Surprises can teach good lessons

Some patients who come into an ER have valid emergencies, while others misuse the ER as a replacement for primary care. This is one reason why emergency physicians never really know what to expect from the unscheduled patients who come through their door.

YouTube Preview ImageThis element of surprise may be frightening for some medical students, but for Xiao Li it was exciting and helped him grow as a physician. He said he enjoyed knowing only a name and an age when first entering a patient’s room.

“When it comes to emergency medicine, what I like most about it is that you never know who or what’s coming in,” said Li, who completed his clerkship at St. Mary’s Hospital in Athens and plans to specialize in radiology.

At least once a week, Kini visits his students at their rotation site to note their progress and assist ER physicians with teaching. He and the ER physicians teach students to recognize common and serious diseases and order the appropriate tests. Students also learn how to determine the correct treatment and decide which patients need to be admitted to the hospital and which can go home.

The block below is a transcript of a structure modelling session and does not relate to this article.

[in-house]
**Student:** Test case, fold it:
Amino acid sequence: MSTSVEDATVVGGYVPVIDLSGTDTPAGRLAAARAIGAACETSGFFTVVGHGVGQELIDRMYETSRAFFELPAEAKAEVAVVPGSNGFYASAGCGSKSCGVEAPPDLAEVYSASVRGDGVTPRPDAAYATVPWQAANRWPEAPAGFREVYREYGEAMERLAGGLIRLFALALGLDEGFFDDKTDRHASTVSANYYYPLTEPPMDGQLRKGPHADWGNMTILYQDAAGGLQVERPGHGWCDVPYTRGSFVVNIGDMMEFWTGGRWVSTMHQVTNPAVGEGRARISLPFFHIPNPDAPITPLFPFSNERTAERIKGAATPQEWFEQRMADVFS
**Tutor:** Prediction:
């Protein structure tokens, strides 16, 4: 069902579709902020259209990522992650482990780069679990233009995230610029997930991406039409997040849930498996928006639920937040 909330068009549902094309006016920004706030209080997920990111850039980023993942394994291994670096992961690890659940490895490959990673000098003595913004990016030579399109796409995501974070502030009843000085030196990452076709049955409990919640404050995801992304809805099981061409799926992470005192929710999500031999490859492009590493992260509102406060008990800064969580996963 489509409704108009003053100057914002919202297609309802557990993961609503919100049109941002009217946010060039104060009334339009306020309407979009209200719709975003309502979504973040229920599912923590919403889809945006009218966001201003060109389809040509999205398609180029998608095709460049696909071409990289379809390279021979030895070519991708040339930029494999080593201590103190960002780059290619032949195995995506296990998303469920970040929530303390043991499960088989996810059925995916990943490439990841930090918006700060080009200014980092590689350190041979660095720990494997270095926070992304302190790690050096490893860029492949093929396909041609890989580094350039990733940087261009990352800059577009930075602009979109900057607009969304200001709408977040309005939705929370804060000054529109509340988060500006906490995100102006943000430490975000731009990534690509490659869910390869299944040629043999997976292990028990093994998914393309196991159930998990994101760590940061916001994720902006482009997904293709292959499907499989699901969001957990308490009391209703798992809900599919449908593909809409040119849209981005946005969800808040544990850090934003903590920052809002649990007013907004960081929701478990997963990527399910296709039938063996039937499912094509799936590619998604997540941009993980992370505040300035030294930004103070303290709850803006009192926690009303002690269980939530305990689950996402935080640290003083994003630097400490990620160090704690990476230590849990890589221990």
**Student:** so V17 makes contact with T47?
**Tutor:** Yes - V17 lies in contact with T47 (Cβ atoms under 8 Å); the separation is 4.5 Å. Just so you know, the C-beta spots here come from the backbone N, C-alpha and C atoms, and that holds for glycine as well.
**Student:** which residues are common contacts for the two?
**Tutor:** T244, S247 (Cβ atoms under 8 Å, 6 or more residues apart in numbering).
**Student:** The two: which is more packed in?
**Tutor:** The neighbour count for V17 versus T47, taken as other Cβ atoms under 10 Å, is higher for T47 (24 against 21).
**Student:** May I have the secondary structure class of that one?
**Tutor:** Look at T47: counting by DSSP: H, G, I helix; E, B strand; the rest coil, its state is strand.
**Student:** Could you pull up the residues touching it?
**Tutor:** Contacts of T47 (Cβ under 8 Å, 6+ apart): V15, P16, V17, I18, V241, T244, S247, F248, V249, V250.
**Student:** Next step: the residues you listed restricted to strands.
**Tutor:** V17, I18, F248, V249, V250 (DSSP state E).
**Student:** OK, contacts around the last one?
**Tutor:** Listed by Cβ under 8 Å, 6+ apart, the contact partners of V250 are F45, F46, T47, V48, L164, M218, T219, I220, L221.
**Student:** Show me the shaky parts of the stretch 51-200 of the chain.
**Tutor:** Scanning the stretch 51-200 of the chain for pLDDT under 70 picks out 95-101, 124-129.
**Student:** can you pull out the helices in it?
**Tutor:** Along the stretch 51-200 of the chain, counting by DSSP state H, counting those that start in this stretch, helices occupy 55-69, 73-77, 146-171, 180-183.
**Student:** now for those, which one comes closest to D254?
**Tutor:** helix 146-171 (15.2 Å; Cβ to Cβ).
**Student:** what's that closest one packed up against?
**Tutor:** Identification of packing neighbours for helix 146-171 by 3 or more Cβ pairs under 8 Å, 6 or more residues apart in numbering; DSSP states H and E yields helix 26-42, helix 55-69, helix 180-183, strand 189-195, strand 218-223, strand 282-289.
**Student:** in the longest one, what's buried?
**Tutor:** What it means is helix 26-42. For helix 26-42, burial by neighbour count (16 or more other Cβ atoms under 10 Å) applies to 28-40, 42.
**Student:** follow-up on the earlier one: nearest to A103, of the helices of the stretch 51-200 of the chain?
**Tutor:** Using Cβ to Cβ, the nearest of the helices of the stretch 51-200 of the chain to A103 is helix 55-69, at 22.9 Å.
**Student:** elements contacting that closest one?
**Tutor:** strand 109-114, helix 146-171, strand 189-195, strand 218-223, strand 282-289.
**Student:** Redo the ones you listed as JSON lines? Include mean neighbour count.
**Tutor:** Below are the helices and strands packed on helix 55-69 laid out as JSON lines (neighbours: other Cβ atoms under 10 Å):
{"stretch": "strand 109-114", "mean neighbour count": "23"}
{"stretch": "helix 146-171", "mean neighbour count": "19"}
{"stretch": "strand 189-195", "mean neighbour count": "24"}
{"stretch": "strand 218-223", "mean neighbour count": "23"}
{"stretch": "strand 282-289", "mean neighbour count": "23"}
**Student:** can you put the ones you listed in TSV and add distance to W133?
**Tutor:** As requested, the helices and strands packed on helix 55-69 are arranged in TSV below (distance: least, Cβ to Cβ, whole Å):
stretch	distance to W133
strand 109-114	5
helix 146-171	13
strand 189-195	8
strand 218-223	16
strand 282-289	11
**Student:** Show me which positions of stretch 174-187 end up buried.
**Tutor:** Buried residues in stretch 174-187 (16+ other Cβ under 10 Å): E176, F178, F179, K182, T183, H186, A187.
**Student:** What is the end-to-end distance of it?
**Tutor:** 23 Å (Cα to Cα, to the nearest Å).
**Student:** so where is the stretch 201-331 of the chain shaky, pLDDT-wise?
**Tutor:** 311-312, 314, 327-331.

When Kini works with a student in the ER, he lets the student take the medical history and perform a physical examination first while he asks the student questions about the procedure.

Once the student has completed these tasks, Kini will perform the same tasks on his own, while the student notes the differences in the way Kini handled the patient. Afterward, the two go outside the patient’s room to exchange thoughts and notes privately.

Kini said playing the role of both student and instructor helps students appreciate what they did right as well as understand what they should have done differently. He said when students recognize why he asked certain questions that they did not, they are able to learn from their mistakes.

“It gets the student to think, as to why I asked this question [and] why they missed it,” Kini said, “and they won’t miss it in the next room.”


April Bailey is pursuing a master’s degree in health and medical journalism at the University of Georgia. She currently holds a bachelor’s degree in print journalism from Middle Tennessee State University.

With medical mistakes all too common, educators focus on prevention